It also shows that the catalyst for their dynamic development has been the European qualifications framework (EQF), revised in 2017. The inventory offers a wealth of information on the state of national frameworks and on how they compare to each other and relate to the EQF.
European countries have been pressing ahead with the development of their frameworks to create comprehensive maps of qualifications in all sectors: vocational education and training, higher education, general education, adult learning. Frameworks are being opened up to include qualifications awarded outside formal education and to help validate non-formally and informally acquired skills and competences.
The frameworks’ systematic use of learning outcomes promotes transparency and comparability of and trust in qualifications across countries and systems. Countries give high priority to linking frameworks and validation arrangements.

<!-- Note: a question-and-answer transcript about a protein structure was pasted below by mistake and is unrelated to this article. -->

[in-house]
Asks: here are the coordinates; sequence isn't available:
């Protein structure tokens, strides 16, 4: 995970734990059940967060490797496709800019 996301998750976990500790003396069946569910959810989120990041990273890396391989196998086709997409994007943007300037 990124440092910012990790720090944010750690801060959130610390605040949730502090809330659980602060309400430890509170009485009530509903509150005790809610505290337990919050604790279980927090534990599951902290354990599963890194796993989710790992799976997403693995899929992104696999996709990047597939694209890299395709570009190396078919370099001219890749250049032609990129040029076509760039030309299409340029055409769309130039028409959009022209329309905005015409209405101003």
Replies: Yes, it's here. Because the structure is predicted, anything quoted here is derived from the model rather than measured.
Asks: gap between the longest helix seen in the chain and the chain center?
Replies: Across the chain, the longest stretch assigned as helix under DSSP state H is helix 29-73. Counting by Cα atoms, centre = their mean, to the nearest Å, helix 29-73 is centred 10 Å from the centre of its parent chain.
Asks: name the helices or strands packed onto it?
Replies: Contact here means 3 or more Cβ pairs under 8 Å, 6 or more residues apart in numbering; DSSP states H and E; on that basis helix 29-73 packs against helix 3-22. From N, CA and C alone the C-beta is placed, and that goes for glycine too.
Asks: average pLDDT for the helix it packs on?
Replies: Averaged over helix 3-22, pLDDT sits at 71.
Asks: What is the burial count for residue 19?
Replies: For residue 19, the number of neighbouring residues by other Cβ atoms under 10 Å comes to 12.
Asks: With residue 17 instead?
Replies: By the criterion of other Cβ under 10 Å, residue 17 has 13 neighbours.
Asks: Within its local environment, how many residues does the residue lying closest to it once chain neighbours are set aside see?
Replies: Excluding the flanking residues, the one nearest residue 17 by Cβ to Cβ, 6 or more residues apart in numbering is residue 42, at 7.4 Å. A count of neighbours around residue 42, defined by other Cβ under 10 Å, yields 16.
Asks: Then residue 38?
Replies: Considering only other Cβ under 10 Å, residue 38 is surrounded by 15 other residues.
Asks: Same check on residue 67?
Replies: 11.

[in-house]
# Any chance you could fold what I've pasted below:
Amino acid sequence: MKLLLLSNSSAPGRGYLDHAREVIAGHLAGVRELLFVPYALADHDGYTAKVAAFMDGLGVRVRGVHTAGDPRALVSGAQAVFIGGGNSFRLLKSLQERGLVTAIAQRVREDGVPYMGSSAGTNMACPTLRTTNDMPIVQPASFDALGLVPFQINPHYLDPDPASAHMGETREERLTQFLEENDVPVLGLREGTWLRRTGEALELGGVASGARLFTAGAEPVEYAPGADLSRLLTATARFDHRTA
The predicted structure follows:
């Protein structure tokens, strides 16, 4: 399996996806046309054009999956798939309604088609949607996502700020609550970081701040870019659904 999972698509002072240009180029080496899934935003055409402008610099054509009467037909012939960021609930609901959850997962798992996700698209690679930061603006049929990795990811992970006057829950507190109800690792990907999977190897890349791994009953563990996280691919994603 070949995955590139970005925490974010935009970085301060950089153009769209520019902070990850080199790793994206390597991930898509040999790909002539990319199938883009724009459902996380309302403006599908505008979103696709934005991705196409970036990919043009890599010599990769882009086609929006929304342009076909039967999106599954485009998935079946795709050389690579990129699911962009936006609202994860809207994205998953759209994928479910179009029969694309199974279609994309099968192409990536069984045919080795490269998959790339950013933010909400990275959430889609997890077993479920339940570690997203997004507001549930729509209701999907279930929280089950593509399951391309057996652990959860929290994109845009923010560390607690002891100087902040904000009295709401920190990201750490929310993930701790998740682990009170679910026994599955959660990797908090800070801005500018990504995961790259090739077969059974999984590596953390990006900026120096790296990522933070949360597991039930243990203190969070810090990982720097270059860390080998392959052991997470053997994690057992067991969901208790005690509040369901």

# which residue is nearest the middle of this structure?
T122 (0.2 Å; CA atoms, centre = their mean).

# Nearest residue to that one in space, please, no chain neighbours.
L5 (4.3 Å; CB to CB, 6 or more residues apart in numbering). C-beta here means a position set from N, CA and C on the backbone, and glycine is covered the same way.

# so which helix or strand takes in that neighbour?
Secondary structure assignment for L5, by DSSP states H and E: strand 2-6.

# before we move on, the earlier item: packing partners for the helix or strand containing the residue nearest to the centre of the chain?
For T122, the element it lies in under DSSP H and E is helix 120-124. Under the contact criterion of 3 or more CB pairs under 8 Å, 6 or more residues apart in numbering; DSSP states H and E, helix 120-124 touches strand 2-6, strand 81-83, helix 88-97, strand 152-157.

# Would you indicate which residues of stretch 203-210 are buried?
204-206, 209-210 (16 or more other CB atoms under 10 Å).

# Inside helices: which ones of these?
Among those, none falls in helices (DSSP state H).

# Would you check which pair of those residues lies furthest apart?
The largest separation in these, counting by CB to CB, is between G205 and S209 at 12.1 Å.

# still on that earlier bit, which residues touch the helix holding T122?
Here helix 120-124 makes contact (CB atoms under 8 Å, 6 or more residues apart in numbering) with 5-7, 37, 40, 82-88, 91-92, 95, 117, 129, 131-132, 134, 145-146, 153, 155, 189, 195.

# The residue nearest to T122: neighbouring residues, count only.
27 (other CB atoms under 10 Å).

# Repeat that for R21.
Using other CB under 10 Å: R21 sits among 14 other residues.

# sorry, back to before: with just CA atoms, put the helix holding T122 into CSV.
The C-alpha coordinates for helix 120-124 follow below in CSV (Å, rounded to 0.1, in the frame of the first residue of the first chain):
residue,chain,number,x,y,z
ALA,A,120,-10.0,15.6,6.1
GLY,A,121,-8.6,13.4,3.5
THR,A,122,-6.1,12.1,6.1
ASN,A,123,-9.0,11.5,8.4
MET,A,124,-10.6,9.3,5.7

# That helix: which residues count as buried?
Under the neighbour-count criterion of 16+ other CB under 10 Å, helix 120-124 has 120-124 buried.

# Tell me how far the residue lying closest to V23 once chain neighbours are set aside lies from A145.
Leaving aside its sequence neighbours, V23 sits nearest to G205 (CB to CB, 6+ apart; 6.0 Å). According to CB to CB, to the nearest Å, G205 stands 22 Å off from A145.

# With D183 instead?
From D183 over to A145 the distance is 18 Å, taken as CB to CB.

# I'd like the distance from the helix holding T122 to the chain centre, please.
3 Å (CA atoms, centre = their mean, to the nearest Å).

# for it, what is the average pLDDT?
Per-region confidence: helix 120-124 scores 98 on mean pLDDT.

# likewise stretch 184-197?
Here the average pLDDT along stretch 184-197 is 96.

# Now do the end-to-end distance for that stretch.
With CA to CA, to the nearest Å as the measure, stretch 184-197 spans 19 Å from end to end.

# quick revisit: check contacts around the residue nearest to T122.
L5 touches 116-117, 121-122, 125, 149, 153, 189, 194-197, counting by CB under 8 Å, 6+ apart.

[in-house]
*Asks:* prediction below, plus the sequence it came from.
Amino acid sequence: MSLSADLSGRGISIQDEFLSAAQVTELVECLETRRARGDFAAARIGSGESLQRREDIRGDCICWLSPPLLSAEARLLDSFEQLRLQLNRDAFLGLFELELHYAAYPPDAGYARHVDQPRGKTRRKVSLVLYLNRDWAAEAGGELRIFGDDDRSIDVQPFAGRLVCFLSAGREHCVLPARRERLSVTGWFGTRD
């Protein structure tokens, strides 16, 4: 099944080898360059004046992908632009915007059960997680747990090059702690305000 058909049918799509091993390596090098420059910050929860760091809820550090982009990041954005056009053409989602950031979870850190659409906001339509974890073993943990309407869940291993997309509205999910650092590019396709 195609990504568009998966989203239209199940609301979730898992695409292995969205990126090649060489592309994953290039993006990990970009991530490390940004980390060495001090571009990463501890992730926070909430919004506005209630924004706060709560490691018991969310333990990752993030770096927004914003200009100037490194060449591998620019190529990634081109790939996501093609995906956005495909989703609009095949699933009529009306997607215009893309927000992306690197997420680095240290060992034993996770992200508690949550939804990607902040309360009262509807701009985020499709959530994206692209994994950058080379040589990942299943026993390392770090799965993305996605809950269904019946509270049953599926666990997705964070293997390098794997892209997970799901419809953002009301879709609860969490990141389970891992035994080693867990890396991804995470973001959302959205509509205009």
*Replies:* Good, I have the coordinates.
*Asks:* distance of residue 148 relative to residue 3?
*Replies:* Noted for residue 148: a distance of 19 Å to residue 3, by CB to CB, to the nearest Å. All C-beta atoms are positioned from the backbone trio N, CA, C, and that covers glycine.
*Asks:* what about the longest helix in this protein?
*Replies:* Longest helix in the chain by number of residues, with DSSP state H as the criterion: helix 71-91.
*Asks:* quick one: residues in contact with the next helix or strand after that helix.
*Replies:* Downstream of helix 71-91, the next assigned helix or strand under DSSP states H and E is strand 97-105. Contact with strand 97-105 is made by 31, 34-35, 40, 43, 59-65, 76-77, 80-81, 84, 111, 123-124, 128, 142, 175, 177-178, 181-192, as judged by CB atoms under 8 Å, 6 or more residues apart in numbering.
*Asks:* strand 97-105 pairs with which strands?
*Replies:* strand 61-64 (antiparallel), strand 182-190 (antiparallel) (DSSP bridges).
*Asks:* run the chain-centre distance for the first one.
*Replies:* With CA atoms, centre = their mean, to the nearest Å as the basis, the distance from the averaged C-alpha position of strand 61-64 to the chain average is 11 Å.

The oldest frameworks in Europe – in France, Ireland and the UK (Scotland and Wales) – have made progress towards becoming ‘all-rounders’. They are now permanent features of national qualifications systems underpinning all education and training policies. They have integrated all types of qualifications, public and private, and accommodate non-formal and informal learning.
In April 2019, 35 European countries have formally linked their national qualifications frameworks to the EQF and 30 countries indicate EQF/NQF levels in new qualification documents and/or Europass supplements.